Palma Cathedral, also known as La Seu, is one of the most iconic landmarks in Majorca. It is a magnificent Gothic cathedral that dominates the city's skyline, with its impressive architecture and stunning stained glass windows. The cathedral is a symbol of the city's religious and cultural heritage and attracts tourists from all over the world.
The construction of Palma Cathedral began in the 13th century, during the reign of King James I of Aragon. It was built on the site of a former mosque, which was destroyed during the Christian conquest of the island.
The architecture of Palma Cathedral is a blend of different styles, reflecting the various periods of its construction. The cathedral's exterior is characterized by its intricate Gothic details, such as pointed arches, buttresses, and gargoyles. The bell tower is also a prominent feature, standing at 44 meters tall and boasting panoramic views of the city.
The interior of the cathedral is equally impressive, with its high vaulted ceilings and beautiful stained glass windows. The rose window, located above the main entrance, is one of the cathedral's most stunning features. It is composed of 1236 pieces of stained glass and measures 12 meters in diameter. Other notable features of the interior include the Baroque-style canopy, which is located above the altar, and the Gothic-style choir stalls.
Looming large over the waterfront, Palma's La Seu Cathedral is a symbol of the city. One of the largest cathedrals in the world, this Gothic masterpiece is one of Majorca's must-see sights. With this ticket, you can marvel at its stunning architecture, discover the rich history of the building, and admire the illuminated stained-glass windows.
One of Europe’s tallest Gothic structures, La Seu stands out from its surroundings, located prominently above Parc de Mar with its sandstone exterior and flying buttresses, it truly is a grand building. With the exception of the main façade, which is beautiful and obviously mongrel, the cathedral is a superb example of Gothic architecture.
Parc de Mar is an artificial lake, which was created in the 70s. This is a great spot for taking photographs.
La Seu occupies the site of what once was the central mosque of Medina Mayurka, the capital of Muslim Mallorca for 300 years. The story behind the cathedral is long and full of interesting twists but began with the young King Jaume 1 who vowed to build a grand cathedral if he was successful in surviving a storm and also ridding the island of Moors. He did just that, but it didn’t happen quickly though! King Jaume conquered the city in 1229 but work on the cathedral did not begin for a further 71 years and was not completed until 1601.
Cathedral of Light
La Seu was severely damaged by an earthquake in 1851 and it was at this time that some neo-Gothic elements such as pinnacles and flying buttresses were added resulting in a hybrid of the Renaissance original.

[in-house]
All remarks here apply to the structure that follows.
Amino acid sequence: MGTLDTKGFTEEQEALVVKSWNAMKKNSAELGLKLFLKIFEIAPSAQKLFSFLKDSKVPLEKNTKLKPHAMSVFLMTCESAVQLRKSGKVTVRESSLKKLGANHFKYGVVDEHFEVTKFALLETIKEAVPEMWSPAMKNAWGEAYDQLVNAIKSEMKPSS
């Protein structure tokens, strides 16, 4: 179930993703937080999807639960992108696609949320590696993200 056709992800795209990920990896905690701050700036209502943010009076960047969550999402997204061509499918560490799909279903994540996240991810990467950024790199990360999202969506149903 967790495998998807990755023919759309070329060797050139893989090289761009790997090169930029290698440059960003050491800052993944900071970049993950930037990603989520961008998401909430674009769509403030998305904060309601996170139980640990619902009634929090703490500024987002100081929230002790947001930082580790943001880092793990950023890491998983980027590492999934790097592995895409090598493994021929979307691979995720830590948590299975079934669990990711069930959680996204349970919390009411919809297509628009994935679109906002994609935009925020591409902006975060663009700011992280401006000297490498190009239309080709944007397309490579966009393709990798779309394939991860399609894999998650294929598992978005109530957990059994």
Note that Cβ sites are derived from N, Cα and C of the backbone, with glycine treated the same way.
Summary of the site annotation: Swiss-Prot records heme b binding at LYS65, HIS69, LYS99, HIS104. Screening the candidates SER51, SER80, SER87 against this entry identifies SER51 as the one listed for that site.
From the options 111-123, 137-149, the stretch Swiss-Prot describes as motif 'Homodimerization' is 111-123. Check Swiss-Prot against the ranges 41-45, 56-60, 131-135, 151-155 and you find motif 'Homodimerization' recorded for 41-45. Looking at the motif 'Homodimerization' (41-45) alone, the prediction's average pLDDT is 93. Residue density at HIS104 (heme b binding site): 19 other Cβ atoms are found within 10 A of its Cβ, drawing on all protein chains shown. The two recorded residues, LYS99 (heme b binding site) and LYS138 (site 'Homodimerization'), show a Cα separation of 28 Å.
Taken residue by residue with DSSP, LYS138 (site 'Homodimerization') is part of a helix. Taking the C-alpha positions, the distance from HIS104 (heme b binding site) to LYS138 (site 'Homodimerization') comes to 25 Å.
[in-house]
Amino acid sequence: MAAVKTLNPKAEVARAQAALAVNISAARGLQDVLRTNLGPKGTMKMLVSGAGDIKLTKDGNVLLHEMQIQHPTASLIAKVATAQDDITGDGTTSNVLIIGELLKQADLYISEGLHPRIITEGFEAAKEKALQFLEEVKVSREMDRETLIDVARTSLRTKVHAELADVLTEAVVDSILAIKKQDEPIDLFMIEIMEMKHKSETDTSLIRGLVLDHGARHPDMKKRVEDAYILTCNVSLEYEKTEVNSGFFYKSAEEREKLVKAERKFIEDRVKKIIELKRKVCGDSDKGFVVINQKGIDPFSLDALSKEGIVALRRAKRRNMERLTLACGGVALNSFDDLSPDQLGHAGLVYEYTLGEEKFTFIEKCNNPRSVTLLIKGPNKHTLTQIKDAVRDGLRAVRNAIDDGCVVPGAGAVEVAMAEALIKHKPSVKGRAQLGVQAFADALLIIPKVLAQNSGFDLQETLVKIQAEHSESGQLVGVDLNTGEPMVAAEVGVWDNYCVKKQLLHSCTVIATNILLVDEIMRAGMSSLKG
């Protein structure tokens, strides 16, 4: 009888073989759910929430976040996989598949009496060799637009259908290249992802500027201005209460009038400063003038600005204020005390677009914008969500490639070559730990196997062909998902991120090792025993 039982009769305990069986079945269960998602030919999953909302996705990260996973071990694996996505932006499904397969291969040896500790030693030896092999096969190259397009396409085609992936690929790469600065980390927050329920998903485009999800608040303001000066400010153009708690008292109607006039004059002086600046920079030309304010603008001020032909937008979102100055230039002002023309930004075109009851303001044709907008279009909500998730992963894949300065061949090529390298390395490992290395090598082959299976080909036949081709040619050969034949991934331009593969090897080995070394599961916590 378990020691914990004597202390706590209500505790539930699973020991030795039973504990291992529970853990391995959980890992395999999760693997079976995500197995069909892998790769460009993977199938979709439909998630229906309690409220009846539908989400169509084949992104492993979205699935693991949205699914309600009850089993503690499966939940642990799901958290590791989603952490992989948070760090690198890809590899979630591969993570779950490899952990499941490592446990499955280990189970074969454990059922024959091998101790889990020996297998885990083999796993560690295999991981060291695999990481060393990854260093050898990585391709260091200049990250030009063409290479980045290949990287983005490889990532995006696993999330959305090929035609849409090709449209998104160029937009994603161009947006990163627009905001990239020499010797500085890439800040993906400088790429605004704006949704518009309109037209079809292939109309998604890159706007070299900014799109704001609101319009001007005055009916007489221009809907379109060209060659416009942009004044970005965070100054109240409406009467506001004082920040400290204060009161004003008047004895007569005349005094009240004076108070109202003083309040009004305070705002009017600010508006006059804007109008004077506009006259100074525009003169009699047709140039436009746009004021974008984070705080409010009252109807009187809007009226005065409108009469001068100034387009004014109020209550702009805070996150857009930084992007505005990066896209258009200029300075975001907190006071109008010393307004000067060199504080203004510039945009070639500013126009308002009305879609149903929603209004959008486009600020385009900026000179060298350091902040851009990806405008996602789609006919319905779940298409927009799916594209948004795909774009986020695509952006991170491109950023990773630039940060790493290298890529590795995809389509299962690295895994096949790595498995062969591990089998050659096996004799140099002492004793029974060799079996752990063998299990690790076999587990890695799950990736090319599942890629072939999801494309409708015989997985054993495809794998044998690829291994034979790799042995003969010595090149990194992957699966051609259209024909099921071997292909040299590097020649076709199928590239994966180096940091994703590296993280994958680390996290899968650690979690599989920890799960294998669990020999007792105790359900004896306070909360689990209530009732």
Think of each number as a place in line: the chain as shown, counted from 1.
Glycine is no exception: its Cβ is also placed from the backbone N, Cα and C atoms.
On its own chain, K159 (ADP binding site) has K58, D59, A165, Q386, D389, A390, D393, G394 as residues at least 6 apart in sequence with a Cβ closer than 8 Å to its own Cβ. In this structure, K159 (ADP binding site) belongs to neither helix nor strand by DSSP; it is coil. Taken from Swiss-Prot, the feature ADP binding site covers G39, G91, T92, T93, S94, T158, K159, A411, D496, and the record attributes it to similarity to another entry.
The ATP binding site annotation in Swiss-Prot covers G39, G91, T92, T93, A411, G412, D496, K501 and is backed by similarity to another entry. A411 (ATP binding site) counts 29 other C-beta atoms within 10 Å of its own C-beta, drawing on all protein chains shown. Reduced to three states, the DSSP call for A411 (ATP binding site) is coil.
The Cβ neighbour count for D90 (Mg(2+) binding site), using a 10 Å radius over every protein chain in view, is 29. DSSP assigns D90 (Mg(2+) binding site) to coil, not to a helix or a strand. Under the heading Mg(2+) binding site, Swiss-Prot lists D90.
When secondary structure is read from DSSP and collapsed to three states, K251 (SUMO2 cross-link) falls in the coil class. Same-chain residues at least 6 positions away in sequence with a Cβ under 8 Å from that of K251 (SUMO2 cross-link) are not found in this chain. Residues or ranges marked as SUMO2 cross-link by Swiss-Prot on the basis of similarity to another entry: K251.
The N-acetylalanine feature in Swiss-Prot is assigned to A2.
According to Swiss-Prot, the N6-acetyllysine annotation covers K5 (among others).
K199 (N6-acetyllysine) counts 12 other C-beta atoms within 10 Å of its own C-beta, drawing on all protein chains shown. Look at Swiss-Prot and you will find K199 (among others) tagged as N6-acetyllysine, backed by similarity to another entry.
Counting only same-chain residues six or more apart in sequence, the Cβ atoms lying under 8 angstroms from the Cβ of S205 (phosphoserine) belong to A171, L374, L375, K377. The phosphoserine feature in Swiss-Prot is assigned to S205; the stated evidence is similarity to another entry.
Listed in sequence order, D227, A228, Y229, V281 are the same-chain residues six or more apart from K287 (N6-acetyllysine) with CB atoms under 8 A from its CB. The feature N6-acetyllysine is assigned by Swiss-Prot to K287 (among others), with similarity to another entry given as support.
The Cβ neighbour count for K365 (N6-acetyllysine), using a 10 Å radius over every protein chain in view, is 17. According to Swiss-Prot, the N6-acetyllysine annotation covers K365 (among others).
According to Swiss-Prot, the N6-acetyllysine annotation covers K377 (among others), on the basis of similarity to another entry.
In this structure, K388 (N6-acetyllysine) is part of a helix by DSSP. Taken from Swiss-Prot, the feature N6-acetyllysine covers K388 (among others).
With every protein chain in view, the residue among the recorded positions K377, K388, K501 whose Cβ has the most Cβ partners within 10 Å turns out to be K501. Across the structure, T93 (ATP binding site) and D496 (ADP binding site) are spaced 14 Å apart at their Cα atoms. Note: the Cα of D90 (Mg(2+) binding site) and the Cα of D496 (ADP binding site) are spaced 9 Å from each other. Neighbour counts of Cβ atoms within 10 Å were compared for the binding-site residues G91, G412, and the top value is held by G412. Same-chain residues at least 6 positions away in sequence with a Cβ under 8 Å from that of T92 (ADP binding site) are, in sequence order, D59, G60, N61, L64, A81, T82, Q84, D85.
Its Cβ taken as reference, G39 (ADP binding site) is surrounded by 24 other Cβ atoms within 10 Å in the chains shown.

It is only when you enter the cathedral and see the 61 beautiful stained-glass windows crowned by the spectacular central rose window that you understand why La Seu is also called the ‘Cathedral of Light’. The rose window is 12m across and studded with 1,236 pieces of stained glass.
The most famous architect to be involved with Palma Cathedral is Antoni Gaudí who was involved with some changes in the early 20th century. Above the alter, you will see an enormous crown-of-thorns illuminated canopy, which is attributed to Gaudí but was actually the work of one of his apprentices. Further changes occurred in the 21st century by Mallorcan artist Miquel Barceló.
Visitors have the opportunity to enjoy the cathedral’s roof terraces and it is from here that you get to see the rose window close up. You can also access the bell tower and buttresses in addition to the corridor between the two main towers. The views of Palma and the sea are spectacular from there. Be aware that there is no lift to the terraces but there are nearly 300 steps and that visits to the terraces must be booked in advance and numbers are limited. Mass times vary, but one always takes place at 9am Monday to Saturday.
Overall, Palma Cathedral is a must-see attraction for anyone visiting Majorca. Its stunning architecture, rich history, and cultural significance make it a truly unique and unforgettable destination. Whether you are a history buff, an architecture enthusiast, or simply looking for a beautiful place to visit, Palma Cathedral is sure to impress.
Further information can be found on the official website – catedraldemallorca.org
Palma offers a rich mix of history, culture and nightlife. We'll drive you through the fascinating central area, where you'll be able to take in the beauty of the narrowed streets and ancient buildings along the way. Just hop on at the beginning of the tour at Antoni Maura and get ready to see 17 bus stops at remarkable destinations. Hop off at any of the stops along the route and hop back on at your leisure with your 24 or 48-hour ticket.